Death Grips’ latest record drives deeper into darkness

I recently read Death Grips’ now almost year-old interview with Pitchfork in which drummer and noise auteur Zach Hill demystified the big throbbing member on the cover of No Love Deep Web—which, at the time and considering the circumstances, seemed more like a giant and peevishly immature “fuck you” to Epic Records. “It really has to do with acceleration—culturally, on a world level—of sexuality in general, and getting past homophobia,” Hill said. “People should be able to look deeper into something rather than just seeing some dick. It’s also a spiritual thing; it’s fearlessness.”

Suddenly Death Grips bloomed anew for me, and maybe that’s why Government Plates feels like it’s the apex of their short career. I’ve always thought they’re a fascinating band—a bunch of capital-A artists, operating in the nadirs of the underground so often associated with nauseating ideals. The violence of punk, the homophobia and racism of power electronics, the xenophobia and purist hatred in black metal—in a way, it was astoundingly satisfying to know that Death Grips, at least in concept, rose above the machismo posturing of their ultraviolence, of their sexual depravity. To realize that what they’re making is art.

Their music is as hideous as ever—Stefan “MC Ride” Burnett said it best in the grinding hook to “Beware” off Exmilitary, effectively the group’s manifesto; “I light my torch and burn it/I am the beast I worship.” Death Grips are fascinated with the individual and the particular dark streams that feed into the ocean of human conscience, and that isn’t going to change any time soon.

The opening track, “You Think He Loves For Your Money But I Know What He Really Loves You For It’s Your Brand New Leopard Skin Pillbox Hat,” bursts in with the sound of shattering glass and Burnett barking “Get so fuckin’ dark in here/come come fuck apart in here.” It’s a two minute odyssey through the bleakest chasms of human sexuality—“Stretch you out like latex mask/My sigils your epitaph/come come fuck apart in here I die”—and Burnett’s frightening presence on the track (nevermind the deeply unnerving music video of him fading in and out of focus, flailing around, noided out of his mind) push it beyond being pure exhibitionism. The track drips with equal parts narcissistic sexual hedonism and genuine fear—it’s an uncompromising exploratory dive into depravity, and all the anxiety and self-loathing (or omniphobia, even) that comes with. And as an opener, it’s even better than “Beware,” and that’s saying something.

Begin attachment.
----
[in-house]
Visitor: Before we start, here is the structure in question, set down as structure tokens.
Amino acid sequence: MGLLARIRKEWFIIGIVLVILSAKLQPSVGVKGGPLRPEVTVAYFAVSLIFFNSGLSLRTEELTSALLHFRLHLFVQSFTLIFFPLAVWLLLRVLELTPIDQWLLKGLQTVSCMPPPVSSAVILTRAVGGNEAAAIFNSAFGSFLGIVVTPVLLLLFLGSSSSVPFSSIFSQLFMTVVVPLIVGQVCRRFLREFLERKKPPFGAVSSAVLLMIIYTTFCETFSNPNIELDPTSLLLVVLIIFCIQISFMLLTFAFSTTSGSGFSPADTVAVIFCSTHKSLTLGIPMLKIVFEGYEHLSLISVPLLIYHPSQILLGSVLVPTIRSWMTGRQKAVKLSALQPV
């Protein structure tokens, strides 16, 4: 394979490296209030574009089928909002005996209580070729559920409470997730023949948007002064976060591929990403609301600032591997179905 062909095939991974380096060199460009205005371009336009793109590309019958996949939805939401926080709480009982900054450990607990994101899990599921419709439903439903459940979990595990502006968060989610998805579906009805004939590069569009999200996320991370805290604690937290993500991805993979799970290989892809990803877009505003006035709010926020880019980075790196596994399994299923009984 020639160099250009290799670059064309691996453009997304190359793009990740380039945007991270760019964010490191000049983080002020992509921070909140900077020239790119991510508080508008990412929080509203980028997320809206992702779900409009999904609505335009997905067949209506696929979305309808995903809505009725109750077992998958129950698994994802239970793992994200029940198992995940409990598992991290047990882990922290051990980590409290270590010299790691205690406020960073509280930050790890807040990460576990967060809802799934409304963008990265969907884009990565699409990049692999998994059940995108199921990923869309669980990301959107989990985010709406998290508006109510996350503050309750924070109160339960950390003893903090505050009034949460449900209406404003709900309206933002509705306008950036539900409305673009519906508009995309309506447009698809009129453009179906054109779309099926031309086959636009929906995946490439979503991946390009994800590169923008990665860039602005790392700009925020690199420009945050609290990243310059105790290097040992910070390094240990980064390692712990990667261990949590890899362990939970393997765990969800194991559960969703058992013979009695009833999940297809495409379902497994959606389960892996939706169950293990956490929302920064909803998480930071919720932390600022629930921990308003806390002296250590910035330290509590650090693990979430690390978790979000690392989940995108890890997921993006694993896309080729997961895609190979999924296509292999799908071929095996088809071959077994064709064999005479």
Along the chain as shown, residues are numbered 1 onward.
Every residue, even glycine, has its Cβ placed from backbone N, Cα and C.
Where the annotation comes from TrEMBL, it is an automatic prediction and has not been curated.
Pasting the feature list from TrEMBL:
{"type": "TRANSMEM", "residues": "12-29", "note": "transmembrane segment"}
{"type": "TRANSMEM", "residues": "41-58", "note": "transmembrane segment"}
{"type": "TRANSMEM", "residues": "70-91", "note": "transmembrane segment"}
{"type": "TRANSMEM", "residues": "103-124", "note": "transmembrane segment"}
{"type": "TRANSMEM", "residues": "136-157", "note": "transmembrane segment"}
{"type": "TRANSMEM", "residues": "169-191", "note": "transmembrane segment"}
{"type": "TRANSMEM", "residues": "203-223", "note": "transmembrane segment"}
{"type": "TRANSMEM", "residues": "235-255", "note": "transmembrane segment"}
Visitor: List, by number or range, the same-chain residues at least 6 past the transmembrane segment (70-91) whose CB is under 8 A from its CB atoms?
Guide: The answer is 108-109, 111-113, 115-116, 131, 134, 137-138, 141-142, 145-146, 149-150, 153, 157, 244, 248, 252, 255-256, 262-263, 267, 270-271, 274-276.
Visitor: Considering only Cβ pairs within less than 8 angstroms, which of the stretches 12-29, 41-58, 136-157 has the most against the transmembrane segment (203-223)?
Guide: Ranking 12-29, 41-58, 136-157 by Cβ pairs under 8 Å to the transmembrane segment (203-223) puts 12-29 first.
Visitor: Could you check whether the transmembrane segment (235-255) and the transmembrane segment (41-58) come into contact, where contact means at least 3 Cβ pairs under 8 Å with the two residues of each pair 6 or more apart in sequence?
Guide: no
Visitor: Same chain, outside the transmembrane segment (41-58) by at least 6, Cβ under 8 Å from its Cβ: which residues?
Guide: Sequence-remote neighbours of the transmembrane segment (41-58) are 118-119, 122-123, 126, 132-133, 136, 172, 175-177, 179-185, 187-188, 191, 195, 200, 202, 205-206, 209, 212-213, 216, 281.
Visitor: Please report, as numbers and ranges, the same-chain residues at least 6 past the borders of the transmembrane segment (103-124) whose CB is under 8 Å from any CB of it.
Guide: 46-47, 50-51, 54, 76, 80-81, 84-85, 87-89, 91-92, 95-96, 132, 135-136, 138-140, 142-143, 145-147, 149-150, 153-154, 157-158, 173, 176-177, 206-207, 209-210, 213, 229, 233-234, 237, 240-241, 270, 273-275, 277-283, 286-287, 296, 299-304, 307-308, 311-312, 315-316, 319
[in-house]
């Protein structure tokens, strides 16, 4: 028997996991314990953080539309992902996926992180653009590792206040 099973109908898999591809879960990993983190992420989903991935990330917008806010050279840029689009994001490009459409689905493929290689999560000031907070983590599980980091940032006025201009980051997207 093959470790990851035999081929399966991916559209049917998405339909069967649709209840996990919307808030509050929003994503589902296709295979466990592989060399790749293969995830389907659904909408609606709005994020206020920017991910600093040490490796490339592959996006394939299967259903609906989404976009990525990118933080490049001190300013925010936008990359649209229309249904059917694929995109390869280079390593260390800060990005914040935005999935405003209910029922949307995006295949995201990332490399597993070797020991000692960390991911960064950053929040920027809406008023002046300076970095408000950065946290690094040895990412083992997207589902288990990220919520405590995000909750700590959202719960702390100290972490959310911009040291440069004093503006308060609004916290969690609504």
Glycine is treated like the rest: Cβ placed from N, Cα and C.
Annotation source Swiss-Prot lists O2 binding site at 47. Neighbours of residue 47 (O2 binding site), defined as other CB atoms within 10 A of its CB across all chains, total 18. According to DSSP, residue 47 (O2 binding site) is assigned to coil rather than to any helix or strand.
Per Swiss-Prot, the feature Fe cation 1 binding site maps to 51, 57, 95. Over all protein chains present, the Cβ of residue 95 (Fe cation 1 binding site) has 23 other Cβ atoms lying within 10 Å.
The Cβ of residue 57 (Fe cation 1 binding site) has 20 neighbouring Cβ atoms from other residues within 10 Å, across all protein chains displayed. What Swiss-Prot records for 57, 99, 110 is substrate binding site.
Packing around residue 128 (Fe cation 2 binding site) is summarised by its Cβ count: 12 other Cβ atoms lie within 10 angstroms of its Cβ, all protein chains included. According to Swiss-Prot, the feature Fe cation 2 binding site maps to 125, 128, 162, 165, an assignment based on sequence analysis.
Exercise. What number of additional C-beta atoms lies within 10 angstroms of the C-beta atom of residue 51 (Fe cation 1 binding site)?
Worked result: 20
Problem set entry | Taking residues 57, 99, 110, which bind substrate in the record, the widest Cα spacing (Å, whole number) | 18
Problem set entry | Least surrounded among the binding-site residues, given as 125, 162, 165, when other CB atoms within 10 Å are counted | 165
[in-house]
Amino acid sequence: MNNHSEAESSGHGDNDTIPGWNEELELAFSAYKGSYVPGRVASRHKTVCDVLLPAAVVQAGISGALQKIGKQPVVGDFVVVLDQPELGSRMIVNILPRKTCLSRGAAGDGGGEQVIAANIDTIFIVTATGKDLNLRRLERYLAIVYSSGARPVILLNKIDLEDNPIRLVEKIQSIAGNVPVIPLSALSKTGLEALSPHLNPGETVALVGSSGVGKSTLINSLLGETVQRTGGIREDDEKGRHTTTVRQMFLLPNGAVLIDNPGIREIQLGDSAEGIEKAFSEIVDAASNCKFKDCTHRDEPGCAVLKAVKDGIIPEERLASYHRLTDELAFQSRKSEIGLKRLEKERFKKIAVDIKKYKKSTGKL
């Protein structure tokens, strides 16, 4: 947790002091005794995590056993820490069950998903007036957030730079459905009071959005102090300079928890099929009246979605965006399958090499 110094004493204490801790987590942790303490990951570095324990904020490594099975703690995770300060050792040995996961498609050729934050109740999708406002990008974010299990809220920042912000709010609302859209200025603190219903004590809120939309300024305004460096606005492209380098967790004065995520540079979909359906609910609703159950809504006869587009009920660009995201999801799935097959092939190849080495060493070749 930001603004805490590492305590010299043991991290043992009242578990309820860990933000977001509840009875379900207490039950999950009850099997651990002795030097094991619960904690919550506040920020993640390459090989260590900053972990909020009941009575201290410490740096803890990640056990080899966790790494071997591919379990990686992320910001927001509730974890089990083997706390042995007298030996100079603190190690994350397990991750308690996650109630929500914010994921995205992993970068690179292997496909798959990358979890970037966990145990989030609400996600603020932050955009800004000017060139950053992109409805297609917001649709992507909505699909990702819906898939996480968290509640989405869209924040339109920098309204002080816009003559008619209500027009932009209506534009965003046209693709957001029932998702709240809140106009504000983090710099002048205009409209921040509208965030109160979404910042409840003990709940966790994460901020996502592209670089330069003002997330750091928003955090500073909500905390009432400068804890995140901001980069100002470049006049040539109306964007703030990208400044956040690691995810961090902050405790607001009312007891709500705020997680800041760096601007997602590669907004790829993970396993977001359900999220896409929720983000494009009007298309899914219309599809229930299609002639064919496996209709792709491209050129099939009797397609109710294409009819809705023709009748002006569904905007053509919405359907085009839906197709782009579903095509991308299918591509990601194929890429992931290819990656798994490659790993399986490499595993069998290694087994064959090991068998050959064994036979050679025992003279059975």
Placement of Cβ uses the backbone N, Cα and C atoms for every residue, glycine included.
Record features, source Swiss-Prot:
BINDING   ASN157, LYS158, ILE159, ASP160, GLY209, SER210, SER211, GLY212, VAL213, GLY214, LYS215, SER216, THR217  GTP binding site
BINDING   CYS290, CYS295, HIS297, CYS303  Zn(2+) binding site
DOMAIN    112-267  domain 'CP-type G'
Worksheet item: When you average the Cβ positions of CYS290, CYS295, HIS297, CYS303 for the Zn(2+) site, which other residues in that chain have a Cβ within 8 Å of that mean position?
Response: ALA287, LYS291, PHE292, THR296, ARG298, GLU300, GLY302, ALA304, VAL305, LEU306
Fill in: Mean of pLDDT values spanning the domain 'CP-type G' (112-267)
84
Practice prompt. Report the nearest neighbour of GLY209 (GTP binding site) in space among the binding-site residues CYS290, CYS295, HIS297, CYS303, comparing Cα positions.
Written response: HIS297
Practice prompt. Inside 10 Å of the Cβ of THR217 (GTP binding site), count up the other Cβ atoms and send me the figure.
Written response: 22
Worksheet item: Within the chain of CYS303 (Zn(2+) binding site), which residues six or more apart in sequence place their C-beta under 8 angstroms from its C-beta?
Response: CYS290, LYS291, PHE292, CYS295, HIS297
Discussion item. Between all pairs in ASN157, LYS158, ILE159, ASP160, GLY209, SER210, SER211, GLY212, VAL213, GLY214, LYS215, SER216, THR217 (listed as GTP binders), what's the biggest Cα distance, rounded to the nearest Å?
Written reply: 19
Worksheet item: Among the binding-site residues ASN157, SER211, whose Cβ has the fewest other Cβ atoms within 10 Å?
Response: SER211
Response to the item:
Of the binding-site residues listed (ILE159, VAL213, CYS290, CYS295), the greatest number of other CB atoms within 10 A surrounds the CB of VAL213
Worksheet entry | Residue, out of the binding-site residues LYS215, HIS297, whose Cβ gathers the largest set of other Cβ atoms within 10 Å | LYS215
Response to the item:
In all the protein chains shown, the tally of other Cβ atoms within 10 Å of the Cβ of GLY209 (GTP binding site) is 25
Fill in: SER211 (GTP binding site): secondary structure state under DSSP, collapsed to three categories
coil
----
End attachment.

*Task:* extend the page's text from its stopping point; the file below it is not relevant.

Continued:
Even if we brush aside all the conception cohesion that only music nerds like me care about, it’s still an astounding achievement. This is what Kanye West’s Yeezus clearly wanted to sound but failed. It’s brief, to the point, rough as sharkskin and occasionally startlingly beautiful. The skeletal techno of “This Is Violence Now (Don’t Get Me Wrong),” the shockingly pretty guitar lines in stark single “Birds,” the long ambient bridges and laser-gun synchs of “Whatever I Want (Fuck Who’s Watching),” it all synthesizes into a gritty crock pot of high-brow ideas that just happens to be incredibly listenable.

Government Plates is less song focused than The Money Store and less textured than No Love Deep Web, instead choosing the road in between. It’s not only Death Grips most artistically accomplished work, it’s also their most immediately rewarding. All you skeptics, remember; don’t be scared of the dark, it’s just as scared of itself as you are, and maybe that’s the point.

Rating: A-

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